According to a story that appeared on Fox 13 in Salt Lake City, the Utah Transit Authority (UTA) is cracking down on its riders’ internet usage. Now, viewing pornography or gambling online will result in a $300 fine.

Fox 13’s Arikka Von broke the story, which appeared last week. When asked why UTA management implemented the new rules, Von explained, “UTA says it’s not because they had a bunch of complaints. The old ordinances are just that: old, at least 10 years old, so they have some new policies that include some of the new services like free WiFi.” On a national scale, online poker players have faced the same difficulties interpreting age-old laws like the Wire Act, which was enacted in 1961, nearly 50 years ago. The Wire Act, although passed before the advent of the internet, has been largely extended by the U.S. Department of Justice to include many forms of internet gambling.

Von noted, “A train ticket gets you free internet once you agree to the Terms of Service. That means no online gambling or viewing pornography. The UTA now has a new ordinance that fines passengers for illegal or offensive internet use on the train. The first violation is $300. Do it again and it could cost you $500.” The UTA is one of a growing number of transit systems to include internet onboard. American Airlines recently debuted Gogo Inflight Internet on cross-country trips. The service is available for a fee.

Enforcement of the UTA’s ban on internet gambling and pornography is done by the organization’s police force. Fox 13 noted, “These are real police officers,” and explained, “An officer will always try to educate first and foremost. Riders say they’ve never seen anyone watching porn on the train.” UTA has enacted a full appeals process if riders feel they were targeted unfairly. A representative of the transit system admitted that identifying what is acceptable and what is not can be a complicated process: “The definition can be very difficult to pin down for everyone.”

Interactive Media Entertainment and Gaming Association (iMEGA) Executive Director Joe Brennan told Poker News Daily, “I’m surprised that they’re going to waste anyone’s time enforcing internet gambling. I’m also disturbed with the constant association with pornography. Our opponents try to make that linkage constantly between gambling and pornography. All you have to do is look at the acceptance of all things gambling. There is no comparison between the two activities.” The term “internet gambling” is mentioned in the Fox 13 story just once, while references to pornography pervade the rest of the two and a half minute piece.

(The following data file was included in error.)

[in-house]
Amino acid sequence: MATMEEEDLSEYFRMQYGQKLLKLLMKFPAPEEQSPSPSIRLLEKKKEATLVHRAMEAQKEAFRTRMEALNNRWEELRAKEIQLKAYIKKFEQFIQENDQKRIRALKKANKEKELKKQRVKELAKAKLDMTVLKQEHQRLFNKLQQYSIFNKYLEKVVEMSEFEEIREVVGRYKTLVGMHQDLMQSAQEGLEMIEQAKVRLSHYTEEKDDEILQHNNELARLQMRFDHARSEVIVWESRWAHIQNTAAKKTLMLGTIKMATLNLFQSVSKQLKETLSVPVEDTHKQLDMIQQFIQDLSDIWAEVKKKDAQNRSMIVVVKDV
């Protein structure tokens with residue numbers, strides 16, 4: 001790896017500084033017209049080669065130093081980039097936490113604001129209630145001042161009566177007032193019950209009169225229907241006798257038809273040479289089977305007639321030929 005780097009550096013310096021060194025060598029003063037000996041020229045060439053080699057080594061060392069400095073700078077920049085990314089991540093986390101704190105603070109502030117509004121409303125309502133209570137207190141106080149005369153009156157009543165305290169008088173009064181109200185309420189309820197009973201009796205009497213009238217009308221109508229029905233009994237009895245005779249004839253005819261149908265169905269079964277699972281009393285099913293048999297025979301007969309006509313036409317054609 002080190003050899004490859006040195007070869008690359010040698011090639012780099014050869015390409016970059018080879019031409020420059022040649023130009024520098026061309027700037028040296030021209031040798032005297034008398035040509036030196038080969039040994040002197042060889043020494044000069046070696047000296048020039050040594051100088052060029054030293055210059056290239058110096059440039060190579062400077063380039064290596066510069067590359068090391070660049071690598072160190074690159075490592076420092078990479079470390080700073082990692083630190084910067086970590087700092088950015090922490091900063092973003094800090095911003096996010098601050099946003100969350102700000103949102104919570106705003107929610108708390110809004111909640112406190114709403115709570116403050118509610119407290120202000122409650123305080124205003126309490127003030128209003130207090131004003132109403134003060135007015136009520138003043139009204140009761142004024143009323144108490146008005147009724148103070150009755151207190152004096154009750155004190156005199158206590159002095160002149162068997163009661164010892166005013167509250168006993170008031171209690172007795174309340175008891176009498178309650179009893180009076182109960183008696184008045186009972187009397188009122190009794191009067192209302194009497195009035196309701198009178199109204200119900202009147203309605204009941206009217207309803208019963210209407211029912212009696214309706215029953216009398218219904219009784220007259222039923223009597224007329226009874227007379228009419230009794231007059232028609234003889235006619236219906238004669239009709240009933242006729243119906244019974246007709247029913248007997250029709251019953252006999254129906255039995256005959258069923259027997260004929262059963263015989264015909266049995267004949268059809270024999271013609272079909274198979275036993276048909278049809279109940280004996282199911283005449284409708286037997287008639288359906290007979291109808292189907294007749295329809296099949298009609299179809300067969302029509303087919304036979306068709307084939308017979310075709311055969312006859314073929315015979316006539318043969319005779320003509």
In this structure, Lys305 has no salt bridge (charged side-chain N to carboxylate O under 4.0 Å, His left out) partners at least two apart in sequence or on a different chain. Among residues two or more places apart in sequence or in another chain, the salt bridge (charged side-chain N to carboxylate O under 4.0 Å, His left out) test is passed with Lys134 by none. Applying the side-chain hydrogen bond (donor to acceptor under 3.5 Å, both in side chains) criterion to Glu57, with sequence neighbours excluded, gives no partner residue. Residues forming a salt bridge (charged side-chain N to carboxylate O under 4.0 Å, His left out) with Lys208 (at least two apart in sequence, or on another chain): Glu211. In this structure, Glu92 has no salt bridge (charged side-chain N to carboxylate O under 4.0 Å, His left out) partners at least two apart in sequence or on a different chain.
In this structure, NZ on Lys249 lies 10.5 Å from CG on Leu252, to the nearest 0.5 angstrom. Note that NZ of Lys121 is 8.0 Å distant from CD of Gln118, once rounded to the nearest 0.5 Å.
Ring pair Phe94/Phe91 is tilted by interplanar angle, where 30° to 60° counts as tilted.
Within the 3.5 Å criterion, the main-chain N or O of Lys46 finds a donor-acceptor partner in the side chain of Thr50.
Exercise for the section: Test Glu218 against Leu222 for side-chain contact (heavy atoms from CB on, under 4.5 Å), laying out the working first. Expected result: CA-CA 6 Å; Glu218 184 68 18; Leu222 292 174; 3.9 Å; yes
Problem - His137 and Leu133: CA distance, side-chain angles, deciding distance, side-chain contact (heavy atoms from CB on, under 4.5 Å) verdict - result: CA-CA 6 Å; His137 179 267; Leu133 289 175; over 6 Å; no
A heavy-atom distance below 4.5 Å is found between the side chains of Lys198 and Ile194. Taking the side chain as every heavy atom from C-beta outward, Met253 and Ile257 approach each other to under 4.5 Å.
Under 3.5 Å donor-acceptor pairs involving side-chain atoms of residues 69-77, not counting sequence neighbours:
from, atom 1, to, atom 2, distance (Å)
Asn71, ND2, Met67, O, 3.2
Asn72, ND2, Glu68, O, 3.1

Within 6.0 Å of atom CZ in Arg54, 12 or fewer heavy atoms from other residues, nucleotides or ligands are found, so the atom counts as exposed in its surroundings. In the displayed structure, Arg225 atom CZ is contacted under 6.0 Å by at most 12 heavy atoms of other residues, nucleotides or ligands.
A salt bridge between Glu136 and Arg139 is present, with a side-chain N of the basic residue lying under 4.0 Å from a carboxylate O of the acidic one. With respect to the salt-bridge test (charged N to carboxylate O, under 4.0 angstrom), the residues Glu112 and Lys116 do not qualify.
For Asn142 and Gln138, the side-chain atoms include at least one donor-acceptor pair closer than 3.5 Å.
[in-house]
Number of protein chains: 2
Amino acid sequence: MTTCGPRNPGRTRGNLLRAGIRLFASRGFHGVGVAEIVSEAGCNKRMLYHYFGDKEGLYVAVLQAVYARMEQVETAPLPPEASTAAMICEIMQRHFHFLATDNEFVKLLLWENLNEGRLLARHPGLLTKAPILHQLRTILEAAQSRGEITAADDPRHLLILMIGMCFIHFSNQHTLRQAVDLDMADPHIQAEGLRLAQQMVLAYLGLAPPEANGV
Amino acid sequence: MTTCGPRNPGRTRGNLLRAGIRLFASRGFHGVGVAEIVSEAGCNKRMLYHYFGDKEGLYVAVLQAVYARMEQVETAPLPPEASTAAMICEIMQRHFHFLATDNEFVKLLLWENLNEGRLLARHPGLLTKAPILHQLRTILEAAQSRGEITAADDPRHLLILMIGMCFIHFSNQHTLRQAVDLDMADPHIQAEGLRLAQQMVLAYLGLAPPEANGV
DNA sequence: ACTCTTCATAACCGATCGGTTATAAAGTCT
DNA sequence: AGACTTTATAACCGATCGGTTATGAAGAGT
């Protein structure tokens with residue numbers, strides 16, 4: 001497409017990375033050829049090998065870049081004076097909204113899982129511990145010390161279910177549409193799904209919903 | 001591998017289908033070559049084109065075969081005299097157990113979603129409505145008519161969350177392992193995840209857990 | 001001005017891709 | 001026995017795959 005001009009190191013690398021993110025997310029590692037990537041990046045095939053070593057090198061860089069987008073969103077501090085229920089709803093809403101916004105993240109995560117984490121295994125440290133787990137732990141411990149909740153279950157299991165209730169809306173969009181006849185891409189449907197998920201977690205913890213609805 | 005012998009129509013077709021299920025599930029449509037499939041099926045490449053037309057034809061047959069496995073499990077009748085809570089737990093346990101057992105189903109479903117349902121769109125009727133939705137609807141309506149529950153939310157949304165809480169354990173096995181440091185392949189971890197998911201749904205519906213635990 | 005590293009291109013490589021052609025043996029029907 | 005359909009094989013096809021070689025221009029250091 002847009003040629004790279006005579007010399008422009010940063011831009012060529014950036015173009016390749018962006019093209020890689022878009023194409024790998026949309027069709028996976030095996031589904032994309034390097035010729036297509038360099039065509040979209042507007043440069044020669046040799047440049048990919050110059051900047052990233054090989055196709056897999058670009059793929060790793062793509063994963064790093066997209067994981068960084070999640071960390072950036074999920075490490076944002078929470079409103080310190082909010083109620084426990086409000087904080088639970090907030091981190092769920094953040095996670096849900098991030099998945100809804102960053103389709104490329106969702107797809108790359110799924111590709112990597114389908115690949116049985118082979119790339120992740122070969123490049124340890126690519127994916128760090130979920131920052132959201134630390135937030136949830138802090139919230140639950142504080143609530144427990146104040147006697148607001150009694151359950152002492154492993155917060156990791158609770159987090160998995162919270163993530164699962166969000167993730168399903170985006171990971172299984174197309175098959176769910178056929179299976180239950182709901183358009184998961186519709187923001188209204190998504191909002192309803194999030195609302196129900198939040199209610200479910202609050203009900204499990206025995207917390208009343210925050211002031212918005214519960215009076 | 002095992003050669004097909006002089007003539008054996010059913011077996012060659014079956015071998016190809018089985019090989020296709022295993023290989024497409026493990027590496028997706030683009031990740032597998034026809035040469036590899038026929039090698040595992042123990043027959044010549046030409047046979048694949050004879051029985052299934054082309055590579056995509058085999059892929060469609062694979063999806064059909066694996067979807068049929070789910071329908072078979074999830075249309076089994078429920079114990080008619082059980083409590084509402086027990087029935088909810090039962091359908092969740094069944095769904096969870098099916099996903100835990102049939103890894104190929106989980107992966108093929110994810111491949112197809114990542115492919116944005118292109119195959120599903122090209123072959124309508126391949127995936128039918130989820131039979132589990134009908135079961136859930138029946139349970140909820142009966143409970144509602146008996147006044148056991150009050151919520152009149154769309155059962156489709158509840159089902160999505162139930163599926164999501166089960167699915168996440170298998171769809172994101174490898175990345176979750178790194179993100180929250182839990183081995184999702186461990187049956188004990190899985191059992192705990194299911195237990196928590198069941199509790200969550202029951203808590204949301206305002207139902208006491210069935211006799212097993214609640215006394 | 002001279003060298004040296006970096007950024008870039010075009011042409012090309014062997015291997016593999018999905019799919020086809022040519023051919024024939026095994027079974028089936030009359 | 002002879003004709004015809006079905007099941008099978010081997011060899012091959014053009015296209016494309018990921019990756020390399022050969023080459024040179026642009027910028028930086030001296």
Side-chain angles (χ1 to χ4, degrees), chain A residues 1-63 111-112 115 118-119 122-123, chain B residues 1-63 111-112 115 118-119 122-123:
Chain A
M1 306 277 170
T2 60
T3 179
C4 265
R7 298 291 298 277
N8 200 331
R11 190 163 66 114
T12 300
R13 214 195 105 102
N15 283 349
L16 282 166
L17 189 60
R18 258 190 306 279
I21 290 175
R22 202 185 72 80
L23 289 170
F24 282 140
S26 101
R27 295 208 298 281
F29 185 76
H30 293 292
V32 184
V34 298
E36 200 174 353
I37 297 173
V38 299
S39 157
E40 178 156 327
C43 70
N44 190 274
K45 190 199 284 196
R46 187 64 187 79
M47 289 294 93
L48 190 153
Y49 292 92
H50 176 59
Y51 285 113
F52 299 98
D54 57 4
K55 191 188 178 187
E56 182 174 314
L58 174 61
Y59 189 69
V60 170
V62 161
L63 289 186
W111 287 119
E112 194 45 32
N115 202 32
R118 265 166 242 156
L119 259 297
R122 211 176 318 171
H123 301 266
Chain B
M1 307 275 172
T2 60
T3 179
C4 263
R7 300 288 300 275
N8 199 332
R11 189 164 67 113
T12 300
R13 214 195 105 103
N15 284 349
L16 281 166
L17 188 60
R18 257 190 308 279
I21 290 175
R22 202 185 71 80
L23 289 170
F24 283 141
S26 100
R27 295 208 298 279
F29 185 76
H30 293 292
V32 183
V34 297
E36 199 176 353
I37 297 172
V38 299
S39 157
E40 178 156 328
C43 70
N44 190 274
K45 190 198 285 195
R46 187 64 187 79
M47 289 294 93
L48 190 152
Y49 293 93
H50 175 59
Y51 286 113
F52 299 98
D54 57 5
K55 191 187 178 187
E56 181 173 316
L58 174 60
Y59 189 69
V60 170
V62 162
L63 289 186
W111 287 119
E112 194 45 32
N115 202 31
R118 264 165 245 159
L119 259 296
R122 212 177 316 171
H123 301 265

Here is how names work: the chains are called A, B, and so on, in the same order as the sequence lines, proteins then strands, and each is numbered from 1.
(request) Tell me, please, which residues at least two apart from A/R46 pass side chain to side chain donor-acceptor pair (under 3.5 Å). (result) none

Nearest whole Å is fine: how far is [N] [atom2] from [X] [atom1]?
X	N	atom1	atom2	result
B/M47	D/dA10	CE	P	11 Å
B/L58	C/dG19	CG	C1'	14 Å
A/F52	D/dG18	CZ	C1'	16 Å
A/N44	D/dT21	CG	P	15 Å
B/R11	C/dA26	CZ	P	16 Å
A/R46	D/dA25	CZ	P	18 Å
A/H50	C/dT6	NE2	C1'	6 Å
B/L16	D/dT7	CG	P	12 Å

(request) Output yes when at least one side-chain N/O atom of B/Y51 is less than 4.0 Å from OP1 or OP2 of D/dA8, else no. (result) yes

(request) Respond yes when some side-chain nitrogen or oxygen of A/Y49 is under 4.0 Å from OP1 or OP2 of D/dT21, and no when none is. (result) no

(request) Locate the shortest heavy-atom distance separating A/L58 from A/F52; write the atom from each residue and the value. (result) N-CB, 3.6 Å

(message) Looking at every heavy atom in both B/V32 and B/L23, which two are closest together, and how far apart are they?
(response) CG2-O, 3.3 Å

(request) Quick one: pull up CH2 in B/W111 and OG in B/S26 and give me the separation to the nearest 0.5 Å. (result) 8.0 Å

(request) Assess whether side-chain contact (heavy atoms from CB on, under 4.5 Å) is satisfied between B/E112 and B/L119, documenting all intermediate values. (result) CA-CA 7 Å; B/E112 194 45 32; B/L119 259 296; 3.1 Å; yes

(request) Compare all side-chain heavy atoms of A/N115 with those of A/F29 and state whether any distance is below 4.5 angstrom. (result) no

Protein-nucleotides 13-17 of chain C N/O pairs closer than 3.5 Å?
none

With regards to enforcement of the UTA’s guidelines through law enforcement personnel roving the trains, Brennan commented, “They’ll have police officers looking over the shoulders of riders. This announcement is someone grandstanding politically. The claim on internet gambling is dubious. The claim on pornography is also misguided.” Brennan added that viewing pornography is typically done in private, not in the middle of a commuter train in a major metropolitan area.

According to text found on the UTA’s website, the internet service provided by the transit system filters content automatically: “UTA’s service providers use content-filtering software that attempts to restrict access to offensive sites; however, no content-filtering software is totally effective. Please use the same precautions you would use accessing any public wireless network.” The service is available for riders age 18 and over.

iMEGA is fresh off filing a lawsuit against the Minnesota Department of Public Safety (DPS), which attempted to force the censorship of 200 internet gambling domains by its residents. The DPS served notice to 11 of the world’s largest internet service providers (ISPs) calling for the blockage. However, after iMEGA’s suit, it rescinded its notice.

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